MINSK, Belarus (AP) - Few doubt that President Alexander Lukashenko - often called the last dictator in Europe - will be declared the winner of Sunday's election in Belarus. Still, the campaign has underlined his increasingly tenuous position.
Lukashenko faces energized opponents who have campaigned with unusual freedom - by Belarus' repressive standards at least - and who are already planning mass protests against what they are sure will be a falsified vote tally. A crackdown on protests would likely torpedo Lukashenko's incremental efforts to mend fences with the West, but allowing them to continue could risk creating an irresistible opposition.
In power since 1994, Lukashenko is the longest-standing current leader in Europe. Once regarded as the Kremlin's obedient if loudmouthed ally, in recent years he has been often truculent toward Moscow, even alleging that Russia is financing his opponents.
His complaints became so vehement that Russian President Dmitry Medvedev publicly dressed him down, calling his statements "downright indecent."
Both Moscow and the European Union are offering Lukashenko huge economic inducements to tilt Belarus in their direction. The election results could hint to where Lukashenko sees his long-term advantage.
Signs that he's leaning Westward would be a moral victory for countries that have long criticized his harsh rule and worried about his connections with vehemently anti-West regimes. For Russia, a return to the fold would bolster Moscow's desire to remain the power-broker in former Soviet regions.
Since Lukashenko came to power, Belarus has been isolated from the flood of changes transforming its neighbors. While Russia to the east strutted with privatization and new wealth, Belarus retained a clumsy quasi-Soviet economy, with 80 percent of industry still under state control. To the west and south, the Baltics and Poland basked in free media and the messy issues of democracy, but Belarus kept almost total state control of media and gave only lip service to pluralism.
None of the country's elections under Lukashenko have met international standards of freedom and fairness - the most recent, in 2008, left parliament without a single opposition member.
Belarus is also the last country in Europe to carry out executions, Soviet-style with a pistol shot to the back of the head.
And in an echo of the Cold War, Lukashenko has assiduously cultivated relations with some of the West's most adamant foes, particularly Venezuela's President Hugo Chavez. Unproven speculation abounds that Belarus is a conduit for illegal arms shipments to Iran. He also defied the international community by giving sanctuary to Kyrgyzstan's ousted president, Kurmanbek Bakiyev.
Yet for all his defiance, the 56-year-old Lukashenko has been plagued by a key weakness: Belarus depends on below-market Russian oil and gas to keep its economy alive. But in 2006, Russia began raising its prices and forced Belarus to cede a 50-percent share in its pipeline network.
Lukashenko saw the moves as an attempt to muscle him out or even absorb the country into Russia. Tentative steps to improve relations with the West began, including joining the European Union's Eastern Partnership initiative. Relations with Russia deteriorated, and he infuriated the Kremlin by failing to recognize the regions of Abkhazia and South Ossetia as independent after Russia's 2008 war with Georgia.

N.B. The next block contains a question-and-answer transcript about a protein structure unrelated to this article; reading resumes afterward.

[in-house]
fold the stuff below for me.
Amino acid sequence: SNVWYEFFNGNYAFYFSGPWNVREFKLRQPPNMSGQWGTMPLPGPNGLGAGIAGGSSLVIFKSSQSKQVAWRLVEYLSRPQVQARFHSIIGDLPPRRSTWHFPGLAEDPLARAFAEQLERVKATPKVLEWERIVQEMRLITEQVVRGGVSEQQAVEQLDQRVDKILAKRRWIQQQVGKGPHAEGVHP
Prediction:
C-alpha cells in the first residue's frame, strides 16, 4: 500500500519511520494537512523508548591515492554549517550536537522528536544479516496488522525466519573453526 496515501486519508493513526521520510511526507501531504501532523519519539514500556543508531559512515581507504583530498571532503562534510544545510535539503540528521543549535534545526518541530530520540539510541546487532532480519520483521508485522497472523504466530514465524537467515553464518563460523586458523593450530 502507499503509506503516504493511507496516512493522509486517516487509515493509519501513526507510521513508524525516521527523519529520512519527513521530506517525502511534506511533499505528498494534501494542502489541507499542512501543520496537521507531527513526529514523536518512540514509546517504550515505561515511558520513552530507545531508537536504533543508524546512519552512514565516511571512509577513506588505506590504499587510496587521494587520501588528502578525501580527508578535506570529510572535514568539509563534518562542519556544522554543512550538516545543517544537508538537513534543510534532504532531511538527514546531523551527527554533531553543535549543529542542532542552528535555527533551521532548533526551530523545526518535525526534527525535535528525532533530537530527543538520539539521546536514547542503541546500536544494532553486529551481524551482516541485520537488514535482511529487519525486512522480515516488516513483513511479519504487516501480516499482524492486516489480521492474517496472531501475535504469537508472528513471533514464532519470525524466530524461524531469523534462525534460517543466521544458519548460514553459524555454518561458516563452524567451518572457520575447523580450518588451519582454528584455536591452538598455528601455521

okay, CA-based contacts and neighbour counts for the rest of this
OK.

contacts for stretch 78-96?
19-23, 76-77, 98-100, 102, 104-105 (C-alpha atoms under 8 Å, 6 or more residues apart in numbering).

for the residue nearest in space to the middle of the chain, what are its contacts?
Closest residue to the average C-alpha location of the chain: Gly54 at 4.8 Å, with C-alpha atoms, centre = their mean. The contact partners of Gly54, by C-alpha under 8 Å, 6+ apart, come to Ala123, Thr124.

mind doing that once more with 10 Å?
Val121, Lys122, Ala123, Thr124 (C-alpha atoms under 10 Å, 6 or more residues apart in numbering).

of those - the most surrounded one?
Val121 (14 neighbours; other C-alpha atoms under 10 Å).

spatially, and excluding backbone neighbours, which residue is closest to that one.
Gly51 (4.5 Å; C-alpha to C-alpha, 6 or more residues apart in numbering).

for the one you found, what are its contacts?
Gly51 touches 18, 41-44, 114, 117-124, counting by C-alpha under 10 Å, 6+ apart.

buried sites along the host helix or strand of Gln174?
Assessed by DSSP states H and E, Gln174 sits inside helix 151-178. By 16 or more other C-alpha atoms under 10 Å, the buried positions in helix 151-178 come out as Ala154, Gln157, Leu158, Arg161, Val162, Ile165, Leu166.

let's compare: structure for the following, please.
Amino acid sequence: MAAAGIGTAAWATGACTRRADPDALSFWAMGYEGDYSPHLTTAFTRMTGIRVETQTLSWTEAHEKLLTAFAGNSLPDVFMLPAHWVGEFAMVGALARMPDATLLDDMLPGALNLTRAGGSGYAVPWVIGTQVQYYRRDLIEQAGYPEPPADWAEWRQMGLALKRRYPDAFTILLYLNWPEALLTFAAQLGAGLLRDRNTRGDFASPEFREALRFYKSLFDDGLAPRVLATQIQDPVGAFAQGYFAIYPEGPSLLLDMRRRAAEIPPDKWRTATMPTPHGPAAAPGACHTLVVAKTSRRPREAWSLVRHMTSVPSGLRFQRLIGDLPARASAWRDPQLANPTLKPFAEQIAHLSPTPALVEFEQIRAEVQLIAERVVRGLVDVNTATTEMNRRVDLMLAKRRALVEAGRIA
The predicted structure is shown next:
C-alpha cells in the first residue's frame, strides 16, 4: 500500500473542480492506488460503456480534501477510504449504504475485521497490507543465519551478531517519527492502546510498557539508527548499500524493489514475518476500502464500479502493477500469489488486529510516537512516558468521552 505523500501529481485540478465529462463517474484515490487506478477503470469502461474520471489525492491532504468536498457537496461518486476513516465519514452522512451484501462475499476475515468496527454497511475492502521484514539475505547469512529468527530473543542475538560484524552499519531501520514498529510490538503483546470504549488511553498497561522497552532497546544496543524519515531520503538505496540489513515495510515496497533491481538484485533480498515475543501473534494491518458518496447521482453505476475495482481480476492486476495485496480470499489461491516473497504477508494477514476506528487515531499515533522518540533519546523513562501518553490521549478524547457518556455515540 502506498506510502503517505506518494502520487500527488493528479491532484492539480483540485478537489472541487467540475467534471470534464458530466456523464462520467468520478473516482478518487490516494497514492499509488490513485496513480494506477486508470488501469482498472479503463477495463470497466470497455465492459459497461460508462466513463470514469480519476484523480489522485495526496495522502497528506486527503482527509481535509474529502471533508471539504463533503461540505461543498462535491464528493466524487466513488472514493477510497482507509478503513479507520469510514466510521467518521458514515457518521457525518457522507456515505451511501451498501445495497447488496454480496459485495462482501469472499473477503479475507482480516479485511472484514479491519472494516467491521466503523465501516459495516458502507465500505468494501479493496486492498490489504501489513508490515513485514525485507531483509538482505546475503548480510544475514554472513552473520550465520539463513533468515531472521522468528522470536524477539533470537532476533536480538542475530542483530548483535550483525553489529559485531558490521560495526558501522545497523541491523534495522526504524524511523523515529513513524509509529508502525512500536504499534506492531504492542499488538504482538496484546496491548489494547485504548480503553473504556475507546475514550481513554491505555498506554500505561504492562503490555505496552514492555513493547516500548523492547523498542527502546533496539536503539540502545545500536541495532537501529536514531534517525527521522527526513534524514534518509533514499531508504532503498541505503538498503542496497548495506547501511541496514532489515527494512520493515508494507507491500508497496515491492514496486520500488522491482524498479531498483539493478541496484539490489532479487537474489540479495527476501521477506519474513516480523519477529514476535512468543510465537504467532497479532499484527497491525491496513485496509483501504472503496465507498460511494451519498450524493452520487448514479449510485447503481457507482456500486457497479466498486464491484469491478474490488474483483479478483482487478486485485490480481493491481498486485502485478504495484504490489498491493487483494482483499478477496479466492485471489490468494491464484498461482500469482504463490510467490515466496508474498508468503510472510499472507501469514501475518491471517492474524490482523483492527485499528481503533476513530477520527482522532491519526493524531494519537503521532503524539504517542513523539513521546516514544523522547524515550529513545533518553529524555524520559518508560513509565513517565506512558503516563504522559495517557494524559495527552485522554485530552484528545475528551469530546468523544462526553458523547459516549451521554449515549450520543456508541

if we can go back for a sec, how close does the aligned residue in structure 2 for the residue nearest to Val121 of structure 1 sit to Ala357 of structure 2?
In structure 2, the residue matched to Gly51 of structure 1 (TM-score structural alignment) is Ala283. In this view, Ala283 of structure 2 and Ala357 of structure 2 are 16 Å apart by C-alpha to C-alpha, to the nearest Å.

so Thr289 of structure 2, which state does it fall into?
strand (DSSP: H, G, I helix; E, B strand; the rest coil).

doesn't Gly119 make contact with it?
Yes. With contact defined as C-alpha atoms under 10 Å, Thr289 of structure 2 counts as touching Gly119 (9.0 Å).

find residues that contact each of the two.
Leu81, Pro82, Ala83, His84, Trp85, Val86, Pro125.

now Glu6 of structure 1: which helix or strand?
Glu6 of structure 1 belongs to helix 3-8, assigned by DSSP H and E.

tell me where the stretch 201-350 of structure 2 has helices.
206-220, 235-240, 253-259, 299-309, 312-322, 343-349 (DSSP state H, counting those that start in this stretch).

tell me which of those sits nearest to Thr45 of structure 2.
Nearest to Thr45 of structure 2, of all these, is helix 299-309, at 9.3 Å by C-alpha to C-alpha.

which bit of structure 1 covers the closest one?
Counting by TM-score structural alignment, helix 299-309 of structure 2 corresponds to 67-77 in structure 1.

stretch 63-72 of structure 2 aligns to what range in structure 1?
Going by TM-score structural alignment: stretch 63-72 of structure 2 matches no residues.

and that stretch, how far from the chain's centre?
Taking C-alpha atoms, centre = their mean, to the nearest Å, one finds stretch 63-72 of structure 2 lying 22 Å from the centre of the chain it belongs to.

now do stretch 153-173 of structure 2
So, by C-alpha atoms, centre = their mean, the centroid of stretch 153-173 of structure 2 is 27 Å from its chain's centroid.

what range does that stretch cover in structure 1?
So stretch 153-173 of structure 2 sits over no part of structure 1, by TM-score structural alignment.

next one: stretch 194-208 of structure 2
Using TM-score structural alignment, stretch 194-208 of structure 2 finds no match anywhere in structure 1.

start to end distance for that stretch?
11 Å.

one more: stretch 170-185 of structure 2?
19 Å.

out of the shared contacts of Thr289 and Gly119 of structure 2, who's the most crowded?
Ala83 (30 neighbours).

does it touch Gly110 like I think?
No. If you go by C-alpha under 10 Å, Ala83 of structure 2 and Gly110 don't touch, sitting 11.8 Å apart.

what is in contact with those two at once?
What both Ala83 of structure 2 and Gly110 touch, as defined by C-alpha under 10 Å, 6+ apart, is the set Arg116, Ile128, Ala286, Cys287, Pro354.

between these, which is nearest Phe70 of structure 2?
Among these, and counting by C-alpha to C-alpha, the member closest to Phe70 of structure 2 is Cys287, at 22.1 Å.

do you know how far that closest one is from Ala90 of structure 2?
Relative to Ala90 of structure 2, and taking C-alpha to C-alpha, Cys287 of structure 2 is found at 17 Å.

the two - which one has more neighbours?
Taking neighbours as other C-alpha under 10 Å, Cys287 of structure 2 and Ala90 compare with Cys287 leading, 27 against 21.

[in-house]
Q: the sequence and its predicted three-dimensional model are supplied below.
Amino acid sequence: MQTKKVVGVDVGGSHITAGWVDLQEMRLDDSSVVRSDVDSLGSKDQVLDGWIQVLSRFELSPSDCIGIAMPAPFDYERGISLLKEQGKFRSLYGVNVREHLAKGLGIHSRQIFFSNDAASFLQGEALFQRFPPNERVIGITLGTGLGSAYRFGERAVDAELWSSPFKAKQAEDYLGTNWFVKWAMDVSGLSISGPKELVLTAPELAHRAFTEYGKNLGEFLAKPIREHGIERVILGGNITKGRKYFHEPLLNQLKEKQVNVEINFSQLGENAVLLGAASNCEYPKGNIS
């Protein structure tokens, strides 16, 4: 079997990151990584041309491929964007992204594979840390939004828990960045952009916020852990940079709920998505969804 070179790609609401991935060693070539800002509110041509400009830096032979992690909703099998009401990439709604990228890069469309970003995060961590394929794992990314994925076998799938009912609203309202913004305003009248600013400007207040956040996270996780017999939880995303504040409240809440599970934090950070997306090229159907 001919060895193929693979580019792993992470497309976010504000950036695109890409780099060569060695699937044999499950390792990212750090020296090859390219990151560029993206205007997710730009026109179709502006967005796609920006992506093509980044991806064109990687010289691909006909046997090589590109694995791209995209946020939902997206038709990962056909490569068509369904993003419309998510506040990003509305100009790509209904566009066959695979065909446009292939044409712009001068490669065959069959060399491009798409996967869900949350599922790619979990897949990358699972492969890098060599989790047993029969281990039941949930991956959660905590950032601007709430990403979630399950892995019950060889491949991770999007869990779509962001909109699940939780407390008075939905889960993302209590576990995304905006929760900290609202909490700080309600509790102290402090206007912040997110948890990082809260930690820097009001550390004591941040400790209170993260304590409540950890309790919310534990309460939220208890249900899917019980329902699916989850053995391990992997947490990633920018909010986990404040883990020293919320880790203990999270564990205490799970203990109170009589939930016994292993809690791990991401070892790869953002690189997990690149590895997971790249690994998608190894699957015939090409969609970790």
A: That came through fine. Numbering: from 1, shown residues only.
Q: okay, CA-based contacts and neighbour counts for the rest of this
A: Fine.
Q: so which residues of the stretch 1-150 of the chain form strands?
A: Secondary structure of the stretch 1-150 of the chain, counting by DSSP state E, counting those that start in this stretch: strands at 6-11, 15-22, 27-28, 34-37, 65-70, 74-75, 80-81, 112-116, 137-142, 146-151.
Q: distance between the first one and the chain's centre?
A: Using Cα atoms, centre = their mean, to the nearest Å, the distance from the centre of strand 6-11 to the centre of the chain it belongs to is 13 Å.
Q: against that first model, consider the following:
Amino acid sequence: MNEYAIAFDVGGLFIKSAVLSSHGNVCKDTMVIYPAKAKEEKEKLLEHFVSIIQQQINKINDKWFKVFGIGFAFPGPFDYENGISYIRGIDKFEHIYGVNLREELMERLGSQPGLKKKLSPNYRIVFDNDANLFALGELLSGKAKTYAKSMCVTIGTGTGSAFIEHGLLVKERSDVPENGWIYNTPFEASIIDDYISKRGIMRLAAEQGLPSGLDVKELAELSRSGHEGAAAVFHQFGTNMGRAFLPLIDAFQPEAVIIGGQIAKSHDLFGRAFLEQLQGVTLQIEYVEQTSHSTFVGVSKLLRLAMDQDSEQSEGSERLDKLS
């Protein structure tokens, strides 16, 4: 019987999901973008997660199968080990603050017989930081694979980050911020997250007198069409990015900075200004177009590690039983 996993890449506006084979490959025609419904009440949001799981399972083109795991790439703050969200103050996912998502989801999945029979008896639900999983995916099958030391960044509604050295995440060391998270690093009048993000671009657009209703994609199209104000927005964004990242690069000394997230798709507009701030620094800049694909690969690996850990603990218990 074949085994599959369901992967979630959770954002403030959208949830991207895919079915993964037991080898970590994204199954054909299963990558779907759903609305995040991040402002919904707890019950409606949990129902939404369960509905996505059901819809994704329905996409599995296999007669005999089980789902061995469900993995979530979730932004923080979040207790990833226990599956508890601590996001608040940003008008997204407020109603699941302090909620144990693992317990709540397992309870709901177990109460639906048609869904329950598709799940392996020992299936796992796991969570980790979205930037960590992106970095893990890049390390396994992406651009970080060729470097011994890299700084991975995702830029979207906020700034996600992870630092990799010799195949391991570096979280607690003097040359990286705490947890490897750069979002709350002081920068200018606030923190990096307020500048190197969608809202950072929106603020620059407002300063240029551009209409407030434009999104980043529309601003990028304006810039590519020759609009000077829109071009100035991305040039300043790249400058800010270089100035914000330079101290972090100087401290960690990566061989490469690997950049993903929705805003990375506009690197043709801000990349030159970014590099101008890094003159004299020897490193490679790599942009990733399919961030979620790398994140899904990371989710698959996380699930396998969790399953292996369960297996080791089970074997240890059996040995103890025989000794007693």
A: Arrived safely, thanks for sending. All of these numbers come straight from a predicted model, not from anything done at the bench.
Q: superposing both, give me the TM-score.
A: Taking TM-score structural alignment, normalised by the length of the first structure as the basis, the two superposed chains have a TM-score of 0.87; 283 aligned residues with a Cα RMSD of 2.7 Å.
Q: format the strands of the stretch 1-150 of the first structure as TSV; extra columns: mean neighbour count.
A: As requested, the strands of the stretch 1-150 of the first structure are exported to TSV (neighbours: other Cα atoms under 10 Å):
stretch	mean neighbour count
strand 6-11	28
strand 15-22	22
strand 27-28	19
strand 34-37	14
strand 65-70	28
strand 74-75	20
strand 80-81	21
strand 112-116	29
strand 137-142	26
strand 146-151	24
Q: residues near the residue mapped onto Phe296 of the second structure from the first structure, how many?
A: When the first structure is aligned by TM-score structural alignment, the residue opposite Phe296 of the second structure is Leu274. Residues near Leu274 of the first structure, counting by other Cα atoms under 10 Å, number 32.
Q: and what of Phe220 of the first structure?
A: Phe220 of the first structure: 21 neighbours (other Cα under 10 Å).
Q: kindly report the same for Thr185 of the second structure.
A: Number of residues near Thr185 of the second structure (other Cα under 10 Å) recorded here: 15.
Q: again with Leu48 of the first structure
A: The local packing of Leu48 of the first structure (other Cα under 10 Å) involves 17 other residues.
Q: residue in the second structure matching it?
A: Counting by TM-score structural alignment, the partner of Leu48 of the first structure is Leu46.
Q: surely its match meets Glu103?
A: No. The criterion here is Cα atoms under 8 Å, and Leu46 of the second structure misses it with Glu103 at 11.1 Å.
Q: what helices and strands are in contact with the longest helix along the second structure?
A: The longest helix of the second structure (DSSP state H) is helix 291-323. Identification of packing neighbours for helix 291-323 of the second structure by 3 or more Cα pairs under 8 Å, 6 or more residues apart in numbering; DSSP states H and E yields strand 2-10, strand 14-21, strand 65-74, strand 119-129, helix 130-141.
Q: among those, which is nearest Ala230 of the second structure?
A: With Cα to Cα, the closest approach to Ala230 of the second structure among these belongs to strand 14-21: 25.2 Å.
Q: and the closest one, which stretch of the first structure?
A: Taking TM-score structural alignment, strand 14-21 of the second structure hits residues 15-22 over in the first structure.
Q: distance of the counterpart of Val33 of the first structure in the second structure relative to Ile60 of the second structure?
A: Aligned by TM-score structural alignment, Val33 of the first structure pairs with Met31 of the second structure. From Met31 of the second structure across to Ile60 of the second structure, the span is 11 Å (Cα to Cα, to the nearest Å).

However, Russia last week agreed to drop duties on oil, a concession worth some $4 billion.
"This agreement takes the intrigue out of the election and shows that Russia is prepared to recognize a Lukashenko victory," said Belarusian political analyst Andrei Fedorov.
But the EU is dangling the prospect of euro3 billion ($4 billion) in aid to Belarus if Sunday's elections are assessed as free and fair. Though that appears to be a long shot, the campaign has been unusually open. Though Lukashenko dominates state media, the nine other candidates have been given debate time on state television and have conducted sizable rallies.
"This is, in a way, how he played Europe. This is what Europe wanted ... You cannot imagine that in today's Russia nine presidential opposition candidates would be given access to state-owned media," said Arkady Moshes, an analyst with the Finnish Institute of International Affairs and Britain's Chatham House.
The main opposition candidates have focused on integration with Europe and moving to a market economy. But by failing to unite under a single candidate, they may inadvertently have bolstered Lukashenko's confident control.
Lukashenko, in turn, tried to tar them with a strategy that once would have been unimaginable - accusing some including Vladimir Neklyayev and Andrei Sannikov of being financed by Russia. The former says the only Russian money he's received is from Belarusian businessmen living there.
Neklyayev, a poet and leader of the Speak The Truth movement, and Sannikov, a former top diplomat, are seen as the top opposition vote-getters. But a survey last month by an independent think tank calculated that together their support is about 25 percent against Lukashenko's 44 percent.
Lukashenko needs at least 50 percent for a first-round victory and expectations are wide that he will get it - either genuinely or by manipulation.
"The count is probably not be going to be fair and transparent," Moshes said, "But this is critical component: If he is declared as a winner who has won some 50 percent, that will look credible."
But if he tallies 75 percent or more, that could galvanize the opposition to brave the country's frigid temperatures for long-term protests.